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A Conductor Is Not A Policeman…Or A Circus Clown

Kevin_Purcell

Photo_Simon Schluter

In the immortal words of Neil Diamond, ‘hello again!’

So what has been happening?  Recording sessions, concerts, a new musical to write, a previous musical to revise, a TV series demystifying Opera….the list goes on.

But we’re not here today for that update, although it is coming down the pipeline soon.

Today’s small topic is about ‘What you are doing is not conducting, and would you please stop referring to it as such when you are being nothing more than a policeman!’  OK, it’s a long title, but it represents the core perspective of this post.  Yes, you’re right, something is bugging me and it is this: Continue Reading →

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Recordings in June and July

I have had remarkably little time in the last month, other than to keep my head above that euphemistically imaginary line labelled ‘Drowning’.  I have started to consider how much music can one conductor keep in his/her head at any one time.  Without doubt, I have discovered my limit!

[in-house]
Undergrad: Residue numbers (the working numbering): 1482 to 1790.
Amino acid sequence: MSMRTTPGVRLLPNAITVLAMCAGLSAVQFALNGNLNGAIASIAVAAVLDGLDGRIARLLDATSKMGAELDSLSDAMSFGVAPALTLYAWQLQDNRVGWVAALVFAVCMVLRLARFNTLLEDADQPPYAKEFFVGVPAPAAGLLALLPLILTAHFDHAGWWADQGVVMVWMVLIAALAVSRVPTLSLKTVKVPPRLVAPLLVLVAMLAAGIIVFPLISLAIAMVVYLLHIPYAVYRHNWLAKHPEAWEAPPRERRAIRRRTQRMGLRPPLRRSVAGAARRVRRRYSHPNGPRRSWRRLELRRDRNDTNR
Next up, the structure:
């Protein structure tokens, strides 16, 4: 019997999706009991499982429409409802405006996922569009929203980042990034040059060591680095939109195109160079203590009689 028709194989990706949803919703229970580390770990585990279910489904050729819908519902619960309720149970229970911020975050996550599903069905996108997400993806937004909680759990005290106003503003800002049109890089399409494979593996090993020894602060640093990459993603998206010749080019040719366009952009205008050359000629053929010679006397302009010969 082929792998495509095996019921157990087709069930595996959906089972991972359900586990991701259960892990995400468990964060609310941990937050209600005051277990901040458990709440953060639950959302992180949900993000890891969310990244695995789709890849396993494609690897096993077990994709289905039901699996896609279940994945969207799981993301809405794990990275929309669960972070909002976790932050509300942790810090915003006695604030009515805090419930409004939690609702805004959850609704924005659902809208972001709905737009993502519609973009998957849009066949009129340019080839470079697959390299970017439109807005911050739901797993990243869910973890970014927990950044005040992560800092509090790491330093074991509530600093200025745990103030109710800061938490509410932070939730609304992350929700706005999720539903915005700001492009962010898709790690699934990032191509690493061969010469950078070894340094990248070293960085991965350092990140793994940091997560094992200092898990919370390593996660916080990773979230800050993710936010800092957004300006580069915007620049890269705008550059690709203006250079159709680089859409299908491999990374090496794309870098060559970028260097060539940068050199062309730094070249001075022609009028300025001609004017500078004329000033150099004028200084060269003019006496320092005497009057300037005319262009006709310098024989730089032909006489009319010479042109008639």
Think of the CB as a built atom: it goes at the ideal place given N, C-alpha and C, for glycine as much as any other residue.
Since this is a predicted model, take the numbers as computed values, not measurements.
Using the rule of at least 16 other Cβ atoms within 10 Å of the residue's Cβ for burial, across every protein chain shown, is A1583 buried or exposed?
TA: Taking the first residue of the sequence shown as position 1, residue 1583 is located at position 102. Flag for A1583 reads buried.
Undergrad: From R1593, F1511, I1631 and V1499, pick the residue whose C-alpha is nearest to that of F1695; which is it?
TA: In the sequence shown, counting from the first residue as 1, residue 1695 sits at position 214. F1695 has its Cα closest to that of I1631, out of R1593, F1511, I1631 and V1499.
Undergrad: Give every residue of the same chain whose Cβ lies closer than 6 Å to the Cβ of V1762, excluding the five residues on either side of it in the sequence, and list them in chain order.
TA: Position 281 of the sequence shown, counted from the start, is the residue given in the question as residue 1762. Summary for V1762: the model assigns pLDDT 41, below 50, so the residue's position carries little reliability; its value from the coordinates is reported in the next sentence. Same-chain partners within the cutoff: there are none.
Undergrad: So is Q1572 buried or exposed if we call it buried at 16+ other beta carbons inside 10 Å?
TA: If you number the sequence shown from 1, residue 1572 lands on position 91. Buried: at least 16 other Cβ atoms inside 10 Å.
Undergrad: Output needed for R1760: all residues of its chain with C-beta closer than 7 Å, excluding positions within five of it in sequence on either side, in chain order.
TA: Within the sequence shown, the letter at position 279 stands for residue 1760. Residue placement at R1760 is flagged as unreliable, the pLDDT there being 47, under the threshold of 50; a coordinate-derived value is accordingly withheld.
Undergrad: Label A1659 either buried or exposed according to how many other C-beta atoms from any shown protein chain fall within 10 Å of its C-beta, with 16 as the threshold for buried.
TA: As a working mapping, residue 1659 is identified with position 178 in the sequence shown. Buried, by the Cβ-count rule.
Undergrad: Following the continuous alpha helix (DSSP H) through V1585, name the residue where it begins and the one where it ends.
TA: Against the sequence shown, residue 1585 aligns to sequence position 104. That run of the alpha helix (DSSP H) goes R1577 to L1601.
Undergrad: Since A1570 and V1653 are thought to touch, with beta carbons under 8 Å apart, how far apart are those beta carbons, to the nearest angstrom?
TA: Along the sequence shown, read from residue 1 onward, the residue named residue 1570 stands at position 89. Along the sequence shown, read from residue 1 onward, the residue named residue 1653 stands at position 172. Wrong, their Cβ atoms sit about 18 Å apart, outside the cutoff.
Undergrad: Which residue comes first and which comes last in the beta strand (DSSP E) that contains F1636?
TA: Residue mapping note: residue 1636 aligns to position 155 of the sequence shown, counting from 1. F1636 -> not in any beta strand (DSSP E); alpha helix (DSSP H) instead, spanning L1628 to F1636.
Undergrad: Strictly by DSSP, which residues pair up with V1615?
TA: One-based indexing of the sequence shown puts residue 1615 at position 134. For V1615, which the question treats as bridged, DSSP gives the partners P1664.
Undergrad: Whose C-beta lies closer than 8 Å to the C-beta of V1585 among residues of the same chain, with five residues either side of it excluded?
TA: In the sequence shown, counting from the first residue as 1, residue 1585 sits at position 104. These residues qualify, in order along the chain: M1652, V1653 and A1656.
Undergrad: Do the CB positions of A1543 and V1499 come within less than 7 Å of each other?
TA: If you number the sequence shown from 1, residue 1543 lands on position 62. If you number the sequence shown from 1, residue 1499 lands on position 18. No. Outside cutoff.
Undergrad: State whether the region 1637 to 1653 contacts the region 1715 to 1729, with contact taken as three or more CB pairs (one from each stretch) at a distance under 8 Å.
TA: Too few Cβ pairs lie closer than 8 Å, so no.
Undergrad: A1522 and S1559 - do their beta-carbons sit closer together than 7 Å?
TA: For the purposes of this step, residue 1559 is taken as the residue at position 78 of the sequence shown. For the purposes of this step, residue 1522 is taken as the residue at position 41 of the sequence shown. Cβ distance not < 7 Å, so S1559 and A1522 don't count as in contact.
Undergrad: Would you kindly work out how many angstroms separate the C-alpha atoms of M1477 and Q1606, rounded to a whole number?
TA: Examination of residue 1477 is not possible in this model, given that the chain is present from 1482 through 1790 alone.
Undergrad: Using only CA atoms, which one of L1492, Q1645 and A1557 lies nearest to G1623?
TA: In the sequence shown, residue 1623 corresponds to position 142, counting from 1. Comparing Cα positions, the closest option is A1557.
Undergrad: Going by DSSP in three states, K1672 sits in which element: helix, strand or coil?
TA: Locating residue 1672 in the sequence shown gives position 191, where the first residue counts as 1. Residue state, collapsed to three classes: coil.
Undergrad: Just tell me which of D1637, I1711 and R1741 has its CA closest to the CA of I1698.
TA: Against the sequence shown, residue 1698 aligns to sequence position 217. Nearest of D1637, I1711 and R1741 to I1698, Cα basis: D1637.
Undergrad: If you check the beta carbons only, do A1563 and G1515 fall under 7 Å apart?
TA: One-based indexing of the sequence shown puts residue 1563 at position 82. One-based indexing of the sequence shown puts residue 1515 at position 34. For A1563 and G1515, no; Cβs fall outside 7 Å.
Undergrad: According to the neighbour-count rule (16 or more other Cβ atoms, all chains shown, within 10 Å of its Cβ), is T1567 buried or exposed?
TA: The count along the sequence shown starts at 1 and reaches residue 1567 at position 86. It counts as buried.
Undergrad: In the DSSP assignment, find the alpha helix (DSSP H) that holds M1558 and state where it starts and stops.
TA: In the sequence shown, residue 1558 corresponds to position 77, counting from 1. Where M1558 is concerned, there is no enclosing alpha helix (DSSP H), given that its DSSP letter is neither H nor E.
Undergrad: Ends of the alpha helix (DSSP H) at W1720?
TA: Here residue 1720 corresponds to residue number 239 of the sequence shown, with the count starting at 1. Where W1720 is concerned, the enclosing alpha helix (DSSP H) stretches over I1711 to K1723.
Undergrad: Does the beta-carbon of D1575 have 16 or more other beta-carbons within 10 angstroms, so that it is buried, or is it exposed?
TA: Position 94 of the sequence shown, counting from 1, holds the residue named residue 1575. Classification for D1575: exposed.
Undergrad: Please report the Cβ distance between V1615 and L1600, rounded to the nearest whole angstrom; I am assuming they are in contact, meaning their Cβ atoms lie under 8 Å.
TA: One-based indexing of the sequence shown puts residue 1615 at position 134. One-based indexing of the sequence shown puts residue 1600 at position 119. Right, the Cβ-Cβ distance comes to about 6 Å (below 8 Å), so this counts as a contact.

This month sees the culmination of two recording projects, for release in 2017, that have been long in the planning and about to be short in the execution.

The first of these projects is the new CD of the music of contemporary American composer, Nan Schwartz to be recorded at the marvellous Synchron Stage facility in Vienna. The original Synchronhalle was built in the 1940s, adjacent to Rosenhügel-Filmstudios as part of “Film City Vienna”. In the 1960s, eminent classical artists such as Karl Böhm, Herbert von Karajan, Yehudi Menuhin, Sviatoslav Richter and Mstislav Rostropovich used the halle for some of their now-legendary recordings.